Content. The word stems from the Latin ‘contentum' (plural contenta) meaning ‘things contained.’ As in, “here’s a box, fill it with some stuff.” Or, more to the point: “Here’s a website, fill it with some words, pictures and video.”
When the IT world began integrating with the marketing communications world some years ago, both sides rushed to create new terminology for new tools and new thinking. Technology folks, unaccustomed to the craft of marketing, simply saw the need to ‘fill’ technology tools with words, pictures and video. You know, content.
Now, a business generation (or two) later, the term has stuck.
Unfortunately, use of the term ‘content’ necessarily positions the thing being filled as more primary than the stuff with which it’s being filled. Worse, it drives thinking that starts with the ‘holes that need to be filled’ and works backward to figure out what said holes need to contain.
Convoluted at best, this tool-first mentality has helped degrade strategic thinking on just about every marketing and communications front.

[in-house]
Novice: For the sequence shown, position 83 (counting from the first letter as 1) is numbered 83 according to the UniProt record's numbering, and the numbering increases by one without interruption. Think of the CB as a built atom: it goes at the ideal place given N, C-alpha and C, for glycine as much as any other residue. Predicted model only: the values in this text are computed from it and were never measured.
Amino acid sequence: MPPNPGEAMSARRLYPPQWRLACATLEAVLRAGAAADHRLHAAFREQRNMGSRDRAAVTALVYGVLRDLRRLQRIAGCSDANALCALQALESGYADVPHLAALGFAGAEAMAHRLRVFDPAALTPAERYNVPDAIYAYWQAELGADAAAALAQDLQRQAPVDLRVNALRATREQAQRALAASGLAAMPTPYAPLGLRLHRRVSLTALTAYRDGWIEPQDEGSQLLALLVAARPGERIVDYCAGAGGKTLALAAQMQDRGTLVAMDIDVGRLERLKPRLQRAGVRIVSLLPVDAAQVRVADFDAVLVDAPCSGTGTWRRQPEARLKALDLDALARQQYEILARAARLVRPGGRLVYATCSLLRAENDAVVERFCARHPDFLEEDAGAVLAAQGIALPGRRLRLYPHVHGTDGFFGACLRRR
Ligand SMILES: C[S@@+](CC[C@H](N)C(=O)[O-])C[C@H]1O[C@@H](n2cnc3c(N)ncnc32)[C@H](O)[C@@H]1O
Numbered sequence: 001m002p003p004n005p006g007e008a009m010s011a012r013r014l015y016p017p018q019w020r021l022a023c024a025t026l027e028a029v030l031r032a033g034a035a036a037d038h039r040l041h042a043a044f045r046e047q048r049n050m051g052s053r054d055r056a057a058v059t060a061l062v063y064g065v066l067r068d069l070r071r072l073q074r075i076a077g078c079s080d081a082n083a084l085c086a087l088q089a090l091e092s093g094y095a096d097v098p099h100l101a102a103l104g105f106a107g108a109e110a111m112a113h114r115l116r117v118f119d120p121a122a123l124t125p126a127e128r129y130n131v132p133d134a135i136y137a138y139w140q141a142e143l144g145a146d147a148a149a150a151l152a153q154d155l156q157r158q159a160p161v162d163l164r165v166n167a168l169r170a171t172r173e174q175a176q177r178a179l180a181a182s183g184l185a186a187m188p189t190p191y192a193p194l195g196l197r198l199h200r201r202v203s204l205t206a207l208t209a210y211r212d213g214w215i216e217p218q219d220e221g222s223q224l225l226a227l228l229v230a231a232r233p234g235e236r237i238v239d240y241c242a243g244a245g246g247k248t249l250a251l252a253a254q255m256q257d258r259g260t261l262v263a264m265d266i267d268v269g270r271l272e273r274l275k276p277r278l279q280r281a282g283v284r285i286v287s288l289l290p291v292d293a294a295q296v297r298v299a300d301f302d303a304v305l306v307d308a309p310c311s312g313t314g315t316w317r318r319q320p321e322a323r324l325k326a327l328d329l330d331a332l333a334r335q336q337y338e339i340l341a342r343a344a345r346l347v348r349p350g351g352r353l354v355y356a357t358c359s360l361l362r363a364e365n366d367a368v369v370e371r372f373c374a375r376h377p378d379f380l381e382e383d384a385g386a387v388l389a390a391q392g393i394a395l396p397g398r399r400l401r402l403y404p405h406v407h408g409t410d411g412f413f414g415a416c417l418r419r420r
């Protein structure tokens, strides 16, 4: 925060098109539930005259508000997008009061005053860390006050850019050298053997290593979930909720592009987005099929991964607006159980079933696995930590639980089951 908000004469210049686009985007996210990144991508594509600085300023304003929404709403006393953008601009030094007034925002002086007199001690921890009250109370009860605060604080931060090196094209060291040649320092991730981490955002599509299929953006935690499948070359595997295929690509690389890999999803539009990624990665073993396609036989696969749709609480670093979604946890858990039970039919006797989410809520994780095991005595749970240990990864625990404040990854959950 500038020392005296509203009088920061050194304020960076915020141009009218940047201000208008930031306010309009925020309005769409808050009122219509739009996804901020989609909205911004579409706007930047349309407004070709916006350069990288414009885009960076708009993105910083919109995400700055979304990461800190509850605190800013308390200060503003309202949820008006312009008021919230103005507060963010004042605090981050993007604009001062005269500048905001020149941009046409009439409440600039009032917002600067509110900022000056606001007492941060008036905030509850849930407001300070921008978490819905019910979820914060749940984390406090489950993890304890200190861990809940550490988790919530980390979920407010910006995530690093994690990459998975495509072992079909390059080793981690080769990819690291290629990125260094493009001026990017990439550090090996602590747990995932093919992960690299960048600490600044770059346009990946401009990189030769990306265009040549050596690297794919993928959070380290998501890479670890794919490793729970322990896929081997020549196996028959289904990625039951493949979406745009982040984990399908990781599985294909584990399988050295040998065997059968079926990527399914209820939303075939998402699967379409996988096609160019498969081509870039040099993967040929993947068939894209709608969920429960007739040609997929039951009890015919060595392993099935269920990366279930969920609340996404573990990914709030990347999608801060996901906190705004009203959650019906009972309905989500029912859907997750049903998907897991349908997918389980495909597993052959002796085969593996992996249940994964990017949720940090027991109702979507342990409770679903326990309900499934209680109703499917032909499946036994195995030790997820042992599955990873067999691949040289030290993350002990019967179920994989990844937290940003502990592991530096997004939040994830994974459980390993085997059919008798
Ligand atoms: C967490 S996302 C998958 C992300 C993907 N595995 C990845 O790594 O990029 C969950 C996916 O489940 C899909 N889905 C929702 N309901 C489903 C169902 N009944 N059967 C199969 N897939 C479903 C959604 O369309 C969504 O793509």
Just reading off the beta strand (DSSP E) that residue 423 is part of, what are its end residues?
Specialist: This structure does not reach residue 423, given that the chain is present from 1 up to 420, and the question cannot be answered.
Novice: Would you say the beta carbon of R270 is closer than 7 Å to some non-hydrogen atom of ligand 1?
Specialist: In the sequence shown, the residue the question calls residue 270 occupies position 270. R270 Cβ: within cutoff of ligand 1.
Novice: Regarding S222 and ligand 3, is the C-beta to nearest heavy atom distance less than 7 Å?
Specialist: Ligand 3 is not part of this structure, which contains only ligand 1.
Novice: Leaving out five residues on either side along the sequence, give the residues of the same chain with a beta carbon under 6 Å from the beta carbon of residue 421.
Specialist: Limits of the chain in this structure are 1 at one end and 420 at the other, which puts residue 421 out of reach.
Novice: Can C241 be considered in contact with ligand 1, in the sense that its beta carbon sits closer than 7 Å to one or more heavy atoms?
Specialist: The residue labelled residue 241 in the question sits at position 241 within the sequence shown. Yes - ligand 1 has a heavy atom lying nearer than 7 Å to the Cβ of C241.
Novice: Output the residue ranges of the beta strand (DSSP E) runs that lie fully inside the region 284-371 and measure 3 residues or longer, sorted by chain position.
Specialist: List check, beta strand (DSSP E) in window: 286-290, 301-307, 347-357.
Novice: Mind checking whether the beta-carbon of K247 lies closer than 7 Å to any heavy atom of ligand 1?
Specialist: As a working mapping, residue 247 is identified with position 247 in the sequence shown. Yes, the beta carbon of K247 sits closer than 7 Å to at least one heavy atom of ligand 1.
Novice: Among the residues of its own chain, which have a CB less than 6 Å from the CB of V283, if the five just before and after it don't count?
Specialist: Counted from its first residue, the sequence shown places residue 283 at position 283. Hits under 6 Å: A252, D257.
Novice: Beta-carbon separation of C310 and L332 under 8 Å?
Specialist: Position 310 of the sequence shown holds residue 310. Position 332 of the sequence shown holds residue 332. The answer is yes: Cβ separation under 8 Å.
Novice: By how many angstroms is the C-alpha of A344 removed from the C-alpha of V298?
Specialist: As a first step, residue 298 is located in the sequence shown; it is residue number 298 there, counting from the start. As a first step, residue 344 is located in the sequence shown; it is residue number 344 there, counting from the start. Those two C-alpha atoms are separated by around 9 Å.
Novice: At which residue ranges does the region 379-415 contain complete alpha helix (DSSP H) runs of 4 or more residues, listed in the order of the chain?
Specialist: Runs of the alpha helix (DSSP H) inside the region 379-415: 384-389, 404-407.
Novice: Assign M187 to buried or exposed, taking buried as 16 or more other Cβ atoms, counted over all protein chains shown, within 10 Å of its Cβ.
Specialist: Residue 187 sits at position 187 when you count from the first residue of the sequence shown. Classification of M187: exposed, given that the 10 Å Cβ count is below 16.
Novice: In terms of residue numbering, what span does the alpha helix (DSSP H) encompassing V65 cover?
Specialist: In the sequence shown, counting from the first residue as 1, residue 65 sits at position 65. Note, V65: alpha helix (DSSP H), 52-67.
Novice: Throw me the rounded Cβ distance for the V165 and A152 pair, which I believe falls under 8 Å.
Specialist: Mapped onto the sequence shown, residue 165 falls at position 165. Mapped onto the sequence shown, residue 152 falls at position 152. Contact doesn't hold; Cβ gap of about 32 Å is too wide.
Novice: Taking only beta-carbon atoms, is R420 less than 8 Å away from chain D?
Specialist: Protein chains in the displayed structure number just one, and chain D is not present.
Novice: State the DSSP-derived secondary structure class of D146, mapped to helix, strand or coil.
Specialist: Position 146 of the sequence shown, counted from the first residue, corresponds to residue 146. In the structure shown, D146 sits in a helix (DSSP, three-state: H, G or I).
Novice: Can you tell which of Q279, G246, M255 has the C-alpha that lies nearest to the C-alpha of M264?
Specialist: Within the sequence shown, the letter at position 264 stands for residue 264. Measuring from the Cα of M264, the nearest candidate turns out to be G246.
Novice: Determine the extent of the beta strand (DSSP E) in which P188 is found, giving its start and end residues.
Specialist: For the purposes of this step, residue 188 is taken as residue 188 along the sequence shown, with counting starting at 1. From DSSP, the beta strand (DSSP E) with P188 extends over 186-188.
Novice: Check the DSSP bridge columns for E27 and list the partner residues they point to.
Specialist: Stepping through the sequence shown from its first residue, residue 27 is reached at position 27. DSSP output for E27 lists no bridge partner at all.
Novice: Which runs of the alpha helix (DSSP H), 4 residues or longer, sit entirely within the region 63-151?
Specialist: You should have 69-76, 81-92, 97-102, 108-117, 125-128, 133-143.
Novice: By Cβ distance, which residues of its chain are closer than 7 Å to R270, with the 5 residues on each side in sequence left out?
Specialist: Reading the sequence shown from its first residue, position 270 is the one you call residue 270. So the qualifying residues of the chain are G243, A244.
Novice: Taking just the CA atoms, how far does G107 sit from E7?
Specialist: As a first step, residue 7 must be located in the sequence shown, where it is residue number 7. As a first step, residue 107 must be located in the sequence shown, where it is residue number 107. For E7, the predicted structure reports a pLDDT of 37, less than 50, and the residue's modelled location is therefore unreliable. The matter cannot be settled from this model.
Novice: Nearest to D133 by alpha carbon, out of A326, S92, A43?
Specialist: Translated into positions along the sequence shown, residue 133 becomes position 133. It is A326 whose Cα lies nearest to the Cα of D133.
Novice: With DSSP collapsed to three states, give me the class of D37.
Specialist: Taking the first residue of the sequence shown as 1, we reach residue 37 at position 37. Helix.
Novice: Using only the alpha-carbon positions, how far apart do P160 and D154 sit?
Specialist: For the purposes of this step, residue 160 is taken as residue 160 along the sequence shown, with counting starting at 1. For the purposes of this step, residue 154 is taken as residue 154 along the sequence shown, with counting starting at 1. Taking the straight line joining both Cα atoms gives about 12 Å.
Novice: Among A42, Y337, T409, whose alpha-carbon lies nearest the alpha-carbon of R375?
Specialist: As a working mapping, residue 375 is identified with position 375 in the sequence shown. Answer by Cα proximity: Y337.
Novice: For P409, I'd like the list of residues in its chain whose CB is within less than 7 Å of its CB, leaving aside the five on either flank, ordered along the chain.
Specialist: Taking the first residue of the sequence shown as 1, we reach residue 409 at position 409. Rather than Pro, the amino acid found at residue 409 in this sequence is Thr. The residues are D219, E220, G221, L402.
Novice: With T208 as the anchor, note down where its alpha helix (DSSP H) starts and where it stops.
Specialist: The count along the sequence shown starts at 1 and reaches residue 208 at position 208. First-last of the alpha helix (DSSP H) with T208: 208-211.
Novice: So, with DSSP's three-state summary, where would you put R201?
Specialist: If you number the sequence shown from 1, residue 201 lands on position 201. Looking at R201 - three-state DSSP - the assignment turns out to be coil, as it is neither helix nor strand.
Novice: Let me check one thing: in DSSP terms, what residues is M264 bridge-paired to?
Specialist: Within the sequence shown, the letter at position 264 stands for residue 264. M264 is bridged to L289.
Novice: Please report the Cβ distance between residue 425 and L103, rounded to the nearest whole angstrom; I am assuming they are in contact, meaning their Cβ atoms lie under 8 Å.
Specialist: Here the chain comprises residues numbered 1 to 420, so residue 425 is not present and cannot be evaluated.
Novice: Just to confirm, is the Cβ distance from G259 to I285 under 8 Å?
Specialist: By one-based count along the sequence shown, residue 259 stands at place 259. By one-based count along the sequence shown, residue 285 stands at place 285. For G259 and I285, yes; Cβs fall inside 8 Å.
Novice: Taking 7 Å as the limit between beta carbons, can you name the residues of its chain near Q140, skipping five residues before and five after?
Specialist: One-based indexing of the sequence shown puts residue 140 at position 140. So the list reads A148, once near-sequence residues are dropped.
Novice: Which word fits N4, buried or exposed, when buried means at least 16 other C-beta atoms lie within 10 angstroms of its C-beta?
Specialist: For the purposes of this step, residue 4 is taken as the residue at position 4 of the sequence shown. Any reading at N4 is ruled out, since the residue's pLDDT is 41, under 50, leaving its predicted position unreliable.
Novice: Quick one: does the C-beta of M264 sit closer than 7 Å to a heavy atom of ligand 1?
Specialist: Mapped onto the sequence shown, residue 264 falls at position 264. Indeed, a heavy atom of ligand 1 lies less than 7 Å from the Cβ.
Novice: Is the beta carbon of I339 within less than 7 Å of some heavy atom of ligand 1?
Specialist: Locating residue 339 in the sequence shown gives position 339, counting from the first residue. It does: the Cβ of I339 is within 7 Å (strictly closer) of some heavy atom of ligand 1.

I don’t blame the IT world. To their process-driven way of thinking, ‘content’ is the perfect term.
But I do blame the marketing world. That marketers would allow their organizations to treat directional purpose, position and message as mere ‘content’ is to say, at the very least, disturbing. That they would begin the effort to build a tool, or platform without the foundation of solid positioning and messaging, is unprofessional.
Content advocates, you’ve won the battle of creating a term that marketers use. But at our firm, we'll fight to the end to leverage the value of what true positioning and messaging can achieve. That it must be the very first link in the marketing value chain. That it is more primary and critical than mere content.
Because for our clients, it’s a war worth fighting. And winning.
Brian Creath is the president and founder of Cohesion, a strategic brand consultancy that helps organizations position, package and articulate the essence and direction of businesses, brands, solutions and issues. Since 1999, our work has created new value and revenue for more than 150 organizations, including Fortune 500 corporations, mid-market companies and innovative small businesses.